May 4, 2014

Princeton and Northwestern prove American Democracy dead

May 4, 2014. It’s official. Two prestigious university professors and their teams looked at 1,779 policy actions taken by the US government over 21 years. What they discovered is that practically everything the federal government has done in that time has benefited wealthy special interest groups over the American people. Why? They say much of it is because lobbyists and corporations are the ones writing the nation’s laws and paying the politicians.

Image courtesy of and copyright Emily Mills.

The research covers government laws and policies from 1981 to 2002. More recent policies weren’t included assumedly because time is needed to gage who benefits from each program. The researchers leave little doubt however that America’s wealthiest individuals and corporations have benefited the most, almost exclusively, over the past three decades.



Elites, Interest Groups and Average Citizens

The title of the research report by Princeton’s Martin Gilens and Northwestern’s Benjamin I. Page is, ‘Testing Theories of American Politics - Elites, Interest Groups and Average Citizens’. The 42-page report is a scathing indictment of both Wall Street corporations and Washington career politicians. The authors all but come right out and say the United States of America has been overthrown by multi-national corporations.

‘Multivariate analysis indicates that economic elites and organized groups representing business interests have substantial independent impacts on US government policy, while average citizens and mass-based interest groups have little or no independent influence,’ the report states, ‘The results provide substantial support for theories of Economic Elite Domination.’

The researchers concede that the one somewhat legitimate criticism they may receive is that they were forced to use their common sense in judging what laws, policies and programs were desirable to the various classes of Americans studied. For instance, there is no evidence that corporate America is in favor of multi-billion-dollar corporate welfare programs or that the working class supports a higher minimum wage. Researchers were forced to use a variety of methods, which included making some common sense assumptions.

Economic Elite Domination

That’s a term that reappears throughout the recent study from Princeton and Northwestern. The authors suggest it isn’t as easily defined as one might imagine. Everyone would agree the description fits Americans who are among the country’s wealthiest in terms of net worth. But the research also looked at others who may find themselves classified in that category because they control vast sums of money, even though they don’t own it themselves. They include corporate executives and CEO’s, Congressmen on powerful budget and appropriations committees, and even US Military commanders and defense contract representatives, each of which handles multi-billion-dollar deals on a regular basis.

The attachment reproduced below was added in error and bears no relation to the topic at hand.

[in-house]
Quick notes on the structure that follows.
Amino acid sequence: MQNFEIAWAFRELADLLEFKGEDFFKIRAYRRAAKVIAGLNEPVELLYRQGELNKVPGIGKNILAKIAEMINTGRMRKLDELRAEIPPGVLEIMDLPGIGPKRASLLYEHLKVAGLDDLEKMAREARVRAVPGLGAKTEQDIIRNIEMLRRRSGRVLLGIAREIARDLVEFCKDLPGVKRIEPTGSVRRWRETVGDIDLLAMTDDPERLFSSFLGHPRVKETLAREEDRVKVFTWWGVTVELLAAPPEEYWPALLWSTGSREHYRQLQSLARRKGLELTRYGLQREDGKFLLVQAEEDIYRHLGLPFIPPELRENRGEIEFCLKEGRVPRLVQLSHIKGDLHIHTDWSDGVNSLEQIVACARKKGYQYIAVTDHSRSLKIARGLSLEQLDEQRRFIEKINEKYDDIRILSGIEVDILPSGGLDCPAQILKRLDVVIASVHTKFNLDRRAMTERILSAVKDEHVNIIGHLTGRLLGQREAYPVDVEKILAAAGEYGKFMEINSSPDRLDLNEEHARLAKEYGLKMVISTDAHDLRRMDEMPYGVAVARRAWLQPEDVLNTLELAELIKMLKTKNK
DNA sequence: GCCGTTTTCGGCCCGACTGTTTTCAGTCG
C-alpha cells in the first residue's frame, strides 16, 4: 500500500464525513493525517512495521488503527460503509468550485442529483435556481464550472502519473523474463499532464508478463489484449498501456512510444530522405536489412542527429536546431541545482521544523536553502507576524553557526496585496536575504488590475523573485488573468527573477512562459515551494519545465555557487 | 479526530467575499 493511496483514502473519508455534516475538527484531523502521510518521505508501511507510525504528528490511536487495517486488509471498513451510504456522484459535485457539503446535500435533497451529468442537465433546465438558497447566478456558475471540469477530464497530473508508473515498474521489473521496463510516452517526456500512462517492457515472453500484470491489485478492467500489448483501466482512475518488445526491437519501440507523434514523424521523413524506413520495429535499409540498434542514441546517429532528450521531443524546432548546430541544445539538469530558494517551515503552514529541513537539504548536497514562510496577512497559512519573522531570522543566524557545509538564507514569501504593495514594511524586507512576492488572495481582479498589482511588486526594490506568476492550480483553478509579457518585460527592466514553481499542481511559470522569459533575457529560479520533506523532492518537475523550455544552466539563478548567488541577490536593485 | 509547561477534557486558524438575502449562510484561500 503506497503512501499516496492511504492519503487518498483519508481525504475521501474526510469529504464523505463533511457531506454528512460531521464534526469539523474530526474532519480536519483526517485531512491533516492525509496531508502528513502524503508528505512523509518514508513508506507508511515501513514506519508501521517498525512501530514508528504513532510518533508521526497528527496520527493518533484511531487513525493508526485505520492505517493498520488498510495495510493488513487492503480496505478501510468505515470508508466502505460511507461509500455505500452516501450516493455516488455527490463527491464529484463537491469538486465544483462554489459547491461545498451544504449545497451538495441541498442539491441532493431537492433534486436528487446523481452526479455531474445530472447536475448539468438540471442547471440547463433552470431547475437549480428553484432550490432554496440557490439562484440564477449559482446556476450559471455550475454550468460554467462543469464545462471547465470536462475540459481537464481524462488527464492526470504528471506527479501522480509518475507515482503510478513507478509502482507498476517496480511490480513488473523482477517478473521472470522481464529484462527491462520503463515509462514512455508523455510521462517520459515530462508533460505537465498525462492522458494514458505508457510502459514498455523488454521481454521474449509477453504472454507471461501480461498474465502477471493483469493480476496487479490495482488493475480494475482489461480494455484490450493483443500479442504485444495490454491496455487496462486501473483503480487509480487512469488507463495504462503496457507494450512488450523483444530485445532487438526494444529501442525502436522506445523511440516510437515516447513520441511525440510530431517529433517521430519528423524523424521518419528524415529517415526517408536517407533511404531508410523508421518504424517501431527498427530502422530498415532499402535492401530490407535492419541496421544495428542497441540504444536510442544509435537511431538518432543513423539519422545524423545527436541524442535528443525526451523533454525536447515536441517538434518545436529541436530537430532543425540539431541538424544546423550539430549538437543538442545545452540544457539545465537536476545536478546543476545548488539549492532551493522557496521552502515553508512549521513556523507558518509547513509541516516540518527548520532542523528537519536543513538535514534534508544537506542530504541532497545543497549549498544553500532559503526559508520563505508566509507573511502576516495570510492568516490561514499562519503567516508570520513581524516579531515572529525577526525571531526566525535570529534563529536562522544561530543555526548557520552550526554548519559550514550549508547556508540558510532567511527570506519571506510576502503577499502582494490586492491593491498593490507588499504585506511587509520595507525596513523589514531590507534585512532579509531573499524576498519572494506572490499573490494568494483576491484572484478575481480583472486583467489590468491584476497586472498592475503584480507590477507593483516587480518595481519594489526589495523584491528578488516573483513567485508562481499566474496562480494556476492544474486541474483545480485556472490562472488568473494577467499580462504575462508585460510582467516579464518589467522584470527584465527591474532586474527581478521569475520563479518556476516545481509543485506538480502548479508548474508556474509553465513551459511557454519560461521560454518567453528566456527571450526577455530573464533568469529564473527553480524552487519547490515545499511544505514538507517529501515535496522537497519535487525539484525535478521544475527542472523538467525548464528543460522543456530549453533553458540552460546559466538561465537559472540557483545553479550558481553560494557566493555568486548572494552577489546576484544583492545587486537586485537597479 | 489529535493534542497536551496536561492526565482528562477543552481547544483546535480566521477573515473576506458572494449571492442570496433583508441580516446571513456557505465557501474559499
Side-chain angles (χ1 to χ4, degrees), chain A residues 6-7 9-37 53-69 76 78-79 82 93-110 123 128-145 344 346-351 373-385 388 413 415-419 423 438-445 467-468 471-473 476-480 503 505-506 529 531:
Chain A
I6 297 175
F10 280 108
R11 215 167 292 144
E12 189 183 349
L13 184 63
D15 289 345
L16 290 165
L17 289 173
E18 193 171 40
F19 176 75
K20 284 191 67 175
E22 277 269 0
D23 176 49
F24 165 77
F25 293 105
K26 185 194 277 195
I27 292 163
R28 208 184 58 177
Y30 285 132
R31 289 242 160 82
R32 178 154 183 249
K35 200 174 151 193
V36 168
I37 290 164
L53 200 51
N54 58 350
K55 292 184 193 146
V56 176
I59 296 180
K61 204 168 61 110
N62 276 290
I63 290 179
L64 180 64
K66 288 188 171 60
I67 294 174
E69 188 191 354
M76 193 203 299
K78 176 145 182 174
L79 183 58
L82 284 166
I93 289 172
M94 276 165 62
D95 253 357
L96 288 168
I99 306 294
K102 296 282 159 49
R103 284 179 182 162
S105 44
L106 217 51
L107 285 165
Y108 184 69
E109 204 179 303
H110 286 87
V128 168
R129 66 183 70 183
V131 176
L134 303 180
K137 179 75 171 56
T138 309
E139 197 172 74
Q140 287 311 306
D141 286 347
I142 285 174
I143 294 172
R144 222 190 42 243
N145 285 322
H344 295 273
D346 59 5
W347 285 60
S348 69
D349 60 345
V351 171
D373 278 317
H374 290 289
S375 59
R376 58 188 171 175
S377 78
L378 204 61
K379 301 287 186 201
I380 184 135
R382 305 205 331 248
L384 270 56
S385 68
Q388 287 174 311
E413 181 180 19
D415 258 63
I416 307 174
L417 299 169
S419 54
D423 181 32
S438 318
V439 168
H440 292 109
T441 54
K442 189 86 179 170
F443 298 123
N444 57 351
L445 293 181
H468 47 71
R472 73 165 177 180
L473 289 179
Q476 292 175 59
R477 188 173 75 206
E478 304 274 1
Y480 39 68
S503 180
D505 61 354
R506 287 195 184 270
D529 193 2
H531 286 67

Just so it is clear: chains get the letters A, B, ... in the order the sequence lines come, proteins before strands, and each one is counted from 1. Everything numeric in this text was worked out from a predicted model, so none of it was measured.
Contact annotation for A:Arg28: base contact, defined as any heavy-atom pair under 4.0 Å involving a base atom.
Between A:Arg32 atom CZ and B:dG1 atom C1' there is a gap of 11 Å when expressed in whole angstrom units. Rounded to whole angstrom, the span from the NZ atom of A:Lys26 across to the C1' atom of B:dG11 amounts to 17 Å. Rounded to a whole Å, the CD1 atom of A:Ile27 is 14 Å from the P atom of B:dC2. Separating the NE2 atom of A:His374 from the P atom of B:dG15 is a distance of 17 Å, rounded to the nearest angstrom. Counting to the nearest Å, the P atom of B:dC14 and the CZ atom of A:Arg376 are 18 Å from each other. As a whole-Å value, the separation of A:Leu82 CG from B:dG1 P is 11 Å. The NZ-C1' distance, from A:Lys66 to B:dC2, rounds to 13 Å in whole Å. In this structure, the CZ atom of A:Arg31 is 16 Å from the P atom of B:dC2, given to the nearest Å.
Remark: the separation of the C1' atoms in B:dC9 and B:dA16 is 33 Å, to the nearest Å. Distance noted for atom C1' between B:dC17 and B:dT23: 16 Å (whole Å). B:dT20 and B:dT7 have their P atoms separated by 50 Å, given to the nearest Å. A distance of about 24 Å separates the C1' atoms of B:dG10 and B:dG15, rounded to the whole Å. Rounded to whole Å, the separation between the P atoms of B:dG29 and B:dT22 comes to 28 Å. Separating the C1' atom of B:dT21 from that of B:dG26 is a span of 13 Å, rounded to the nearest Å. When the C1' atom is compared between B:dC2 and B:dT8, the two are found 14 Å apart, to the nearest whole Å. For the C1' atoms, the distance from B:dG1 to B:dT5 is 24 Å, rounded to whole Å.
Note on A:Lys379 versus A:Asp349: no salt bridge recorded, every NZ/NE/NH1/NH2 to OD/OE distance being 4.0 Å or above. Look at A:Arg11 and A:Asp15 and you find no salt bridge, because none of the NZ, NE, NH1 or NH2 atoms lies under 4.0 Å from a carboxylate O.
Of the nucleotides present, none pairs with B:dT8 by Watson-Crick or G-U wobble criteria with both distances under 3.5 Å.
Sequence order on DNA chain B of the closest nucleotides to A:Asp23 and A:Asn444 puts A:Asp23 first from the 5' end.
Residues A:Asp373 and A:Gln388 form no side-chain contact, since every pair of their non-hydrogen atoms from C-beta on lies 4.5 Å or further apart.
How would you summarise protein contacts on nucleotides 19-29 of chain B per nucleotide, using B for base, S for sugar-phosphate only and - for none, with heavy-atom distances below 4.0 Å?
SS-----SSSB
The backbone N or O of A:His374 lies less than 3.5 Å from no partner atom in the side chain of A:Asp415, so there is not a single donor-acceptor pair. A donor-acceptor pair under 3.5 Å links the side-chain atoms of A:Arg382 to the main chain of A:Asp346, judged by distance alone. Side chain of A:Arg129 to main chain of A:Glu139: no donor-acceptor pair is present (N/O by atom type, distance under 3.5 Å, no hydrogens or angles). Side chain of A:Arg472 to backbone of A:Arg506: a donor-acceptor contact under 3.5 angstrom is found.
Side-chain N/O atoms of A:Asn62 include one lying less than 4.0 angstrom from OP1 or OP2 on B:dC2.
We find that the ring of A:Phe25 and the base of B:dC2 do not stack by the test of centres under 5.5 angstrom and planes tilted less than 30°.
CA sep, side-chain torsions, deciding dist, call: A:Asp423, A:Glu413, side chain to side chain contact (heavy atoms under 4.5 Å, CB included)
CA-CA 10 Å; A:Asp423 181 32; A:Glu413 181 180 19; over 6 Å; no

Explaining the unique oligarchy that makes up America’s ruling class, the report says, ‘Some emphasize social status or institutional position - such as the occupancy of key managerial roles in corporations, or top-level positions in political parties, in the executive, legislative, or judicial branches of government, or in the highest ranks of the military.’

The researchers then go on to detail their evidence of the existence of what most Americans simply term, “the good ole boy network.” The report explains, ‘Some elite theories postulate an amalgam of elites, defined by combinations of social status, economic resources, and institutional position, who achieve a degree of unity through common backgrounds, coinciding interests, and social interactions.’



American Democracy Dead

The report ends with a very saddening conclusion - that the American people have absolutely no power in their own country and their chances of reforming it at this point are slim to none. ‘A final point: even in a bivariate, descriptive sense, our evidence indicates that the responsiveness of the US political system when the general public wants government action is severely limited,’ the authors conclude, ‘Because of the impediments to majority rule that were deliberately built into the US political system - federalism, separation of powers, bicameralism - together with further impediments due to anti-majoritarian congressional rules and procedures, the system has a substantial status quo bias.’

The researchers them come right out and say that the only time the American people get their way on any issue is when their opinion matches that of the nation’s elites. ‘Thus when popular majorities favor the status quo, opposing given policy change, they are likely to get their way; but when a majority - even a very large majority - of the public favors change, it is not likely to get what it wants.’

View the full report at Princeton.edu.

 

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